Additionally, NSTA is well positioned to support teacher preparation programs through institutional membership options that can “promote broad programmatic priorities” (Floden, Stephens, and Scherer 2020, p. 117). The NSTA Preservice Teacher Preparation Division is currently working with NSTA staff to streamline resources into modules of materials around specific themes for implementation in methods courses.
As NSTA expands its commitment to preservice teachers and the programs that prepare them, new resources will continue to be developed, including web seminars, virtual conference options, and resource collections. In time, NSTA will lead the way in helping to prepare preservice teachers of science at all levels.
Across the United States, more than 2,000 colleges and universities award degrees and/or certificates in education. According to a 2018 report by the American Association of Colleges for Teacher Education (AACTE), the vast majority (88%) of these institutions are two- and four-year colleges and universities, while a small portion (12%) are individual school districts, nonprofit organizations, and other approved agencies that offer alternative teacher preparation programs (King 2018). The notion that there is a general shortage of teachers across grades K–12 is not supported in fact. Regional or localized shortages are occurring in areas of high population growth; specialty areas, including special education and English language learners (ELL); urban and rural schools; and those with a large underrepresented minority population. In contrast with these areas with shortages, areas of net overproduction of teachers exist, such that graduates in some states must move to another state to secure a teaching position or never enter the teaching profession (Goldhaber, Krieg, Naito, and Thobold 2019). The dynamics of the teacher labor force defy simple explanations.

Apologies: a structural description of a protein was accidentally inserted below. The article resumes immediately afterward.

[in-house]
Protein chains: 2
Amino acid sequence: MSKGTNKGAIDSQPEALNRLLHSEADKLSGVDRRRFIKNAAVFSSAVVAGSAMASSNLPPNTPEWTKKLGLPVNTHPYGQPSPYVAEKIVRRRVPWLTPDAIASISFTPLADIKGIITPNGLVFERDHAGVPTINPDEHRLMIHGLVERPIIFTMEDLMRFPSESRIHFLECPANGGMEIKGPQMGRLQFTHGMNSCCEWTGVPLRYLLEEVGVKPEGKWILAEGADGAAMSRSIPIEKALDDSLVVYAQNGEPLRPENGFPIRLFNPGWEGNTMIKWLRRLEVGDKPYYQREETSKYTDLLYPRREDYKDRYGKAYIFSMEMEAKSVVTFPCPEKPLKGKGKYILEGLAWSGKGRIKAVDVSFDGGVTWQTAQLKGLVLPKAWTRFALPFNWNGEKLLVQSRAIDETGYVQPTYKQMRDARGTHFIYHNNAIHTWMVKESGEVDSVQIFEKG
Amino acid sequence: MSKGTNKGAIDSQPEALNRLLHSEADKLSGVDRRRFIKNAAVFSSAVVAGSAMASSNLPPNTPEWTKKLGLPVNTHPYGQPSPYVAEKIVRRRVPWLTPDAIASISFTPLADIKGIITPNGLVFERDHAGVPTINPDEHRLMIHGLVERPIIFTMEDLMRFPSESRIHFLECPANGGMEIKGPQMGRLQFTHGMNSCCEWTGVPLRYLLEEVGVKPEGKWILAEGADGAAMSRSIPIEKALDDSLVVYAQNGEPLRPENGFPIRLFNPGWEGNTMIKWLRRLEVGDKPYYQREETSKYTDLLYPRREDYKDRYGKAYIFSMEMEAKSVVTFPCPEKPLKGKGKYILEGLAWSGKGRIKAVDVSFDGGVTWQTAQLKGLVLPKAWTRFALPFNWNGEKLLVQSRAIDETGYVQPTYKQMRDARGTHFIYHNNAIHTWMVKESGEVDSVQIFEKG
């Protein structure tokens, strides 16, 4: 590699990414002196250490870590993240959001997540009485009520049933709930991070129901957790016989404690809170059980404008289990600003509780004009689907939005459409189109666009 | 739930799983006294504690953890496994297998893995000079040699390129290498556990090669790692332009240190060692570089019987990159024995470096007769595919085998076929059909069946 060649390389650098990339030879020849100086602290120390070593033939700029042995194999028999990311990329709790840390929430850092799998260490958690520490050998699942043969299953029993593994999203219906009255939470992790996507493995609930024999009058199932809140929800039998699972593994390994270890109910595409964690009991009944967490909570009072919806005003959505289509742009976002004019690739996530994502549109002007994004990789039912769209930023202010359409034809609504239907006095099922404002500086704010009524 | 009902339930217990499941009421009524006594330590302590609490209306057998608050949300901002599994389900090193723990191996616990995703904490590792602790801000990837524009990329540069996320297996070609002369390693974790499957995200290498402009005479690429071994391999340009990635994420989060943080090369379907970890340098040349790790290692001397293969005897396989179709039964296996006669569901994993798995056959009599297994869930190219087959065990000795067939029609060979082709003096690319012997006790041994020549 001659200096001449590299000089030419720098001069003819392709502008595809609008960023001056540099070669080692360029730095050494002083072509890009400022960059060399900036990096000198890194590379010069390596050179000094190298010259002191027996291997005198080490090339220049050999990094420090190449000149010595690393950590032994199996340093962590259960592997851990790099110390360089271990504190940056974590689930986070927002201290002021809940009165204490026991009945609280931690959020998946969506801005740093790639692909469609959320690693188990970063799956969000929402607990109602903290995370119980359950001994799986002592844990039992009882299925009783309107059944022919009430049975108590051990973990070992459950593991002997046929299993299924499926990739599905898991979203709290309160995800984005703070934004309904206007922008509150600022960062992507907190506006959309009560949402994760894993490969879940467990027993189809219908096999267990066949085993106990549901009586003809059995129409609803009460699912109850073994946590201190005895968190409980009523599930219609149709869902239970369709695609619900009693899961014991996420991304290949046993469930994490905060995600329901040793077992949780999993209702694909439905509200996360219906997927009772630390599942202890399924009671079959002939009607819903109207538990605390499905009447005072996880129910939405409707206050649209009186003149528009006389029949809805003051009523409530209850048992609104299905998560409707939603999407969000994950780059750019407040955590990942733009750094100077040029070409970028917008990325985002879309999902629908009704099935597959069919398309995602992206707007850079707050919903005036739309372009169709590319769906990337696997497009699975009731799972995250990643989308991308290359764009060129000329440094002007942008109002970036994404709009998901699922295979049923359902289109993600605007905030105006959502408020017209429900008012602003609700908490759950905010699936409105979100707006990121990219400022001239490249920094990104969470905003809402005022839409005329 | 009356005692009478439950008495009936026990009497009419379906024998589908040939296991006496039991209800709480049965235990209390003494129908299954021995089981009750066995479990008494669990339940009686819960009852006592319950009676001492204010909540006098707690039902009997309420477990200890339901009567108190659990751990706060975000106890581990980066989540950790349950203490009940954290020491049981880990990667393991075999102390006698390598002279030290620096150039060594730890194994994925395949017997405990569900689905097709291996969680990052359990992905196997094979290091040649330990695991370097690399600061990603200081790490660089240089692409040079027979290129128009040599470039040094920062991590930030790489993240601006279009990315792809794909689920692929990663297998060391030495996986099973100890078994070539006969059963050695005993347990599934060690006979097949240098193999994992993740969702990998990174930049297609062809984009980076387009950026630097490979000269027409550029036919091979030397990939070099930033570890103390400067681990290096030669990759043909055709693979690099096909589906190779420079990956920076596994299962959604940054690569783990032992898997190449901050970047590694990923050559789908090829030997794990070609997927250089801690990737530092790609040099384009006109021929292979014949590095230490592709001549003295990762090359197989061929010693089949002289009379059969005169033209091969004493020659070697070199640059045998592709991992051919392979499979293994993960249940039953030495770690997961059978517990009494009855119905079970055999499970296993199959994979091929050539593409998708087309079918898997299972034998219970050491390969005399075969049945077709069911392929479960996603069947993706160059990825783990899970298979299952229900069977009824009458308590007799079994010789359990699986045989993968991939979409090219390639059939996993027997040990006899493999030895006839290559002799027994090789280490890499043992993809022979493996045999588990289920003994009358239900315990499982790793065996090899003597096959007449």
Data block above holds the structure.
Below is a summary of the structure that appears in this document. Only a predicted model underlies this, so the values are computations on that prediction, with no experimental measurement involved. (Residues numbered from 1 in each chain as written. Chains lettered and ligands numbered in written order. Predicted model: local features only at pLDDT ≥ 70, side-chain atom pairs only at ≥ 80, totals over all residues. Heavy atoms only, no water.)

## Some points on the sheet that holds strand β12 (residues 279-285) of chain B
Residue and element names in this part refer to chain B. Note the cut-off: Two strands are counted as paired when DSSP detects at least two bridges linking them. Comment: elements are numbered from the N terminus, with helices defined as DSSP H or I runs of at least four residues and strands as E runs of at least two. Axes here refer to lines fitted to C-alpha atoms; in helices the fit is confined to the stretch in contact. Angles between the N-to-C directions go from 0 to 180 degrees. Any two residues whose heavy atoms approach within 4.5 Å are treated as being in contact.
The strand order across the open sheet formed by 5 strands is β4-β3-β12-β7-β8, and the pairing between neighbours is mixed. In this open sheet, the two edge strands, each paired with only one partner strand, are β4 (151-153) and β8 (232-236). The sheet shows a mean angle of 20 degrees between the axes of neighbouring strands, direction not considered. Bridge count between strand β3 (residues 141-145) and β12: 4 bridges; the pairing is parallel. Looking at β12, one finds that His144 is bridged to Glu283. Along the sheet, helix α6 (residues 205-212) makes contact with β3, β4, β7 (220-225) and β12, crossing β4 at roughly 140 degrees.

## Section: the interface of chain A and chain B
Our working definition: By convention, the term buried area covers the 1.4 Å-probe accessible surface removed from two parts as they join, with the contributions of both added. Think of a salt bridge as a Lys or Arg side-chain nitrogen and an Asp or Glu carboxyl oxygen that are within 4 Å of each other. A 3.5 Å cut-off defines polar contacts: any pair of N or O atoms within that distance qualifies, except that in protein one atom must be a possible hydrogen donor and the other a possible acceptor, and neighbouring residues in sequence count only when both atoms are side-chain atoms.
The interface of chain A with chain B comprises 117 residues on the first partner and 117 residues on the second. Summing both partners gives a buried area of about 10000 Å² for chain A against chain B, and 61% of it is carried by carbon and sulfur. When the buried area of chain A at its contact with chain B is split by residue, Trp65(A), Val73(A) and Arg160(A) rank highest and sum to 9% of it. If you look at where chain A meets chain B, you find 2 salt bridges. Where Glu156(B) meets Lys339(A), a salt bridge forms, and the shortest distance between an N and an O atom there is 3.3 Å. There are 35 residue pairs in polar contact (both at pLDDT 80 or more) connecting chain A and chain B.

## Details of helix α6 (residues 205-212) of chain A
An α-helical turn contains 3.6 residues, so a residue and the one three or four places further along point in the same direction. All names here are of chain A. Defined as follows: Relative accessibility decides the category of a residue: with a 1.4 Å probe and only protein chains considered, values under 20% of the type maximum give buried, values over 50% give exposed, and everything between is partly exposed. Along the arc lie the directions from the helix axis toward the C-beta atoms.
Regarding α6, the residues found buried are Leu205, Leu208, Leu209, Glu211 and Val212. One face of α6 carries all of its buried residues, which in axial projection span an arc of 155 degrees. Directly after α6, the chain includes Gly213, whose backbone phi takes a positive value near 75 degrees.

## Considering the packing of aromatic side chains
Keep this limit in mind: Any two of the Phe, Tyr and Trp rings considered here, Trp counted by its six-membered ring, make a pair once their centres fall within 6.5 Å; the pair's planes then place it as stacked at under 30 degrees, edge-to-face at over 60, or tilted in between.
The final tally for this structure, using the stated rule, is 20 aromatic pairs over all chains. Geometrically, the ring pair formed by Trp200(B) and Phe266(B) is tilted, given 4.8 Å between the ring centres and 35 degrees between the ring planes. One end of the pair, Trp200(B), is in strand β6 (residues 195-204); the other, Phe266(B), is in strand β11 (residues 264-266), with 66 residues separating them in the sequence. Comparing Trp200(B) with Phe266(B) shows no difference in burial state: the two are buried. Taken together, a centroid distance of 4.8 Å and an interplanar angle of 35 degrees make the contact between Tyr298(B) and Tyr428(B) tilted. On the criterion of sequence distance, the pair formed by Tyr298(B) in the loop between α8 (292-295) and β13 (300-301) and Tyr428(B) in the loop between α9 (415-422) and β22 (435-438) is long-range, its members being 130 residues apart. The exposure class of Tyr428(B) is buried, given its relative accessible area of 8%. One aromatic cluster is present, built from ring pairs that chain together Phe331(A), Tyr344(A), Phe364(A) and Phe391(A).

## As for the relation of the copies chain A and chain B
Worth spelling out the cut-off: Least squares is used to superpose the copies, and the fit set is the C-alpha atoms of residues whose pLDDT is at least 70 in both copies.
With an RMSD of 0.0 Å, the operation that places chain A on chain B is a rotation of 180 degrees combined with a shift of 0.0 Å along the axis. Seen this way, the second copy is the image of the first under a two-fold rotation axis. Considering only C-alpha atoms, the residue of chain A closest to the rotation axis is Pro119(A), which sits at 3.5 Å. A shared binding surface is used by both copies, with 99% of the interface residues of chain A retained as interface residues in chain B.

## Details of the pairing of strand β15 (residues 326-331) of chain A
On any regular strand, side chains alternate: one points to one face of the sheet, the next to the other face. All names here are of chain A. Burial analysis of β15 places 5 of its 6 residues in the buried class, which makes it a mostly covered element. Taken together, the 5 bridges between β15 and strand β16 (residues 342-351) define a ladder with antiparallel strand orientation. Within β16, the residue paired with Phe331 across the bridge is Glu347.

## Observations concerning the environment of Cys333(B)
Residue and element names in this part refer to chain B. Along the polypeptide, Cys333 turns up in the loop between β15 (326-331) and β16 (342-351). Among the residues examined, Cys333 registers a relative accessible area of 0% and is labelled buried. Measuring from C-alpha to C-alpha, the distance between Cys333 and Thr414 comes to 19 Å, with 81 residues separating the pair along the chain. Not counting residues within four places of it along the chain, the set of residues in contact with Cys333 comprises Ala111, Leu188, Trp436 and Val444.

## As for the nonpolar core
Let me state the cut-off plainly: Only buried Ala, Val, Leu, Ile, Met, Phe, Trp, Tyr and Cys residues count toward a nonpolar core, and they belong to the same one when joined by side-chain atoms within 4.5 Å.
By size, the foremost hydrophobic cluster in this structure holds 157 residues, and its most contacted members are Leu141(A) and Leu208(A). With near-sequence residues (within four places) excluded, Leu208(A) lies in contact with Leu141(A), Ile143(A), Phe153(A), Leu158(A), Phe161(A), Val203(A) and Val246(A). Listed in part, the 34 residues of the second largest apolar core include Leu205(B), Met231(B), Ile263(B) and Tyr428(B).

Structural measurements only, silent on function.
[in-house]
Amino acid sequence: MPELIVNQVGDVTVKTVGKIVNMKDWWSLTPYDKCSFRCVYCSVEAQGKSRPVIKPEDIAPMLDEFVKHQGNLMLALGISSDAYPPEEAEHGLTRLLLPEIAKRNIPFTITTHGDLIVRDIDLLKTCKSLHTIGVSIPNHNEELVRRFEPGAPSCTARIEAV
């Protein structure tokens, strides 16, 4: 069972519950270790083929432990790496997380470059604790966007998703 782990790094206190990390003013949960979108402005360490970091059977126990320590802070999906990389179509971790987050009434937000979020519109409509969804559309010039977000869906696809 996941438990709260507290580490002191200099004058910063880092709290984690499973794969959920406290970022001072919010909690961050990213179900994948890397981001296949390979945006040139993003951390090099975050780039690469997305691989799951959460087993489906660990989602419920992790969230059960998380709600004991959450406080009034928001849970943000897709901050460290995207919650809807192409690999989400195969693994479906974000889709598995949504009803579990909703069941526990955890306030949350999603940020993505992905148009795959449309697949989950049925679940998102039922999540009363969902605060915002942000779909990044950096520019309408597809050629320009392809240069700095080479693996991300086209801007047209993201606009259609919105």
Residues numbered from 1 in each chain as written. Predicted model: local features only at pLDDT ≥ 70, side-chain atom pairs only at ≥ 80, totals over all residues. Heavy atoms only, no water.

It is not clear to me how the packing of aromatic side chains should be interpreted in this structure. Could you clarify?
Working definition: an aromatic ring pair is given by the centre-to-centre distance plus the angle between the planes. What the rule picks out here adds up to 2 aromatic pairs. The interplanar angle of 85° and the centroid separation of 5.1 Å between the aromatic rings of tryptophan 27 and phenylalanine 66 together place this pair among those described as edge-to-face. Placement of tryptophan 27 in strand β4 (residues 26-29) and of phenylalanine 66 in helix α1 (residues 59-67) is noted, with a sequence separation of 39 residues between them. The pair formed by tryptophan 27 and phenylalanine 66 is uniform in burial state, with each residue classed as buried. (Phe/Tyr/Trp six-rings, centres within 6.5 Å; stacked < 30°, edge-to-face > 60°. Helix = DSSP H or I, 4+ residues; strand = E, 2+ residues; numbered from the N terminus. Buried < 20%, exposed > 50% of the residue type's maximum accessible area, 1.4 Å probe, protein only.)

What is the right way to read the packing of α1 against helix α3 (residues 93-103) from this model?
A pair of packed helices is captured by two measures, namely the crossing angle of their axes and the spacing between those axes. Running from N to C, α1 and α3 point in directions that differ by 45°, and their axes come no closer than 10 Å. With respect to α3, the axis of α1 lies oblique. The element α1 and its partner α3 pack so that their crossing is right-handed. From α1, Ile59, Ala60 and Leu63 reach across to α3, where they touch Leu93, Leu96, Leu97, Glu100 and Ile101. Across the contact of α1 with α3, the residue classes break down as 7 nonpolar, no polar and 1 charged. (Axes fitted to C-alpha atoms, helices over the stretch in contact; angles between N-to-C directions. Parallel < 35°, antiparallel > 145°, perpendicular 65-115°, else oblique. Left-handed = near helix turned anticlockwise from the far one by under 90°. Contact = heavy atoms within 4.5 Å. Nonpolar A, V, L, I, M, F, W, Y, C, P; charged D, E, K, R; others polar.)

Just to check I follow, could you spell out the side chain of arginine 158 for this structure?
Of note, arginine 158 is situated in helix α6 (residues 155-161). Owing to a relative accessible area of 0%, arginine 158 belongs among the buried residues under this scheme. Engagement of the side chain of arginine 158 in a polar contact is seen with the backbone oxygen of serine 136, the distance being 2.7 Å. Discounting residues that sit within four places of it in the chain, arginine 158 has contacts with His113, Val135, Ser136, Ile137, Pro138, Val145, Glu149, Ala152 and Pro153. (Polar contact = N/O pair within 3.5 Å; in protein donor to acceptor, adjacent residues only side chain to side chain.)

Despite this, shortages remain in the fields of science, math, and STEM (science, technology, engineering, and math) education in many areas around the country. A large portion of this results from attrition among early career and novice teachers (Ingersoll, May, and Collins 2019; King 2018), as well as the attractiveness of higher-paying jobs in STEM fields. Mining Title II data on new licensures from the U.S. Department of Education provides a clear picture of the slow but steady decline that began at least six years ago. The preservice teacher cohort and novice teacher workforce is overwhelmingly female, with little diversity among the population. Of those who complete their preservice education, many do not go on to teach. For those who do, a significant proportion leave the classroom within the first four years after their first year as a newly minted teacher (King 2018). Sadly, adding to the shortage of new teachers is the closing of schools of education and teacher preparation programs across the country (Camera 2019; Toppo 2019; Flaherty 2020).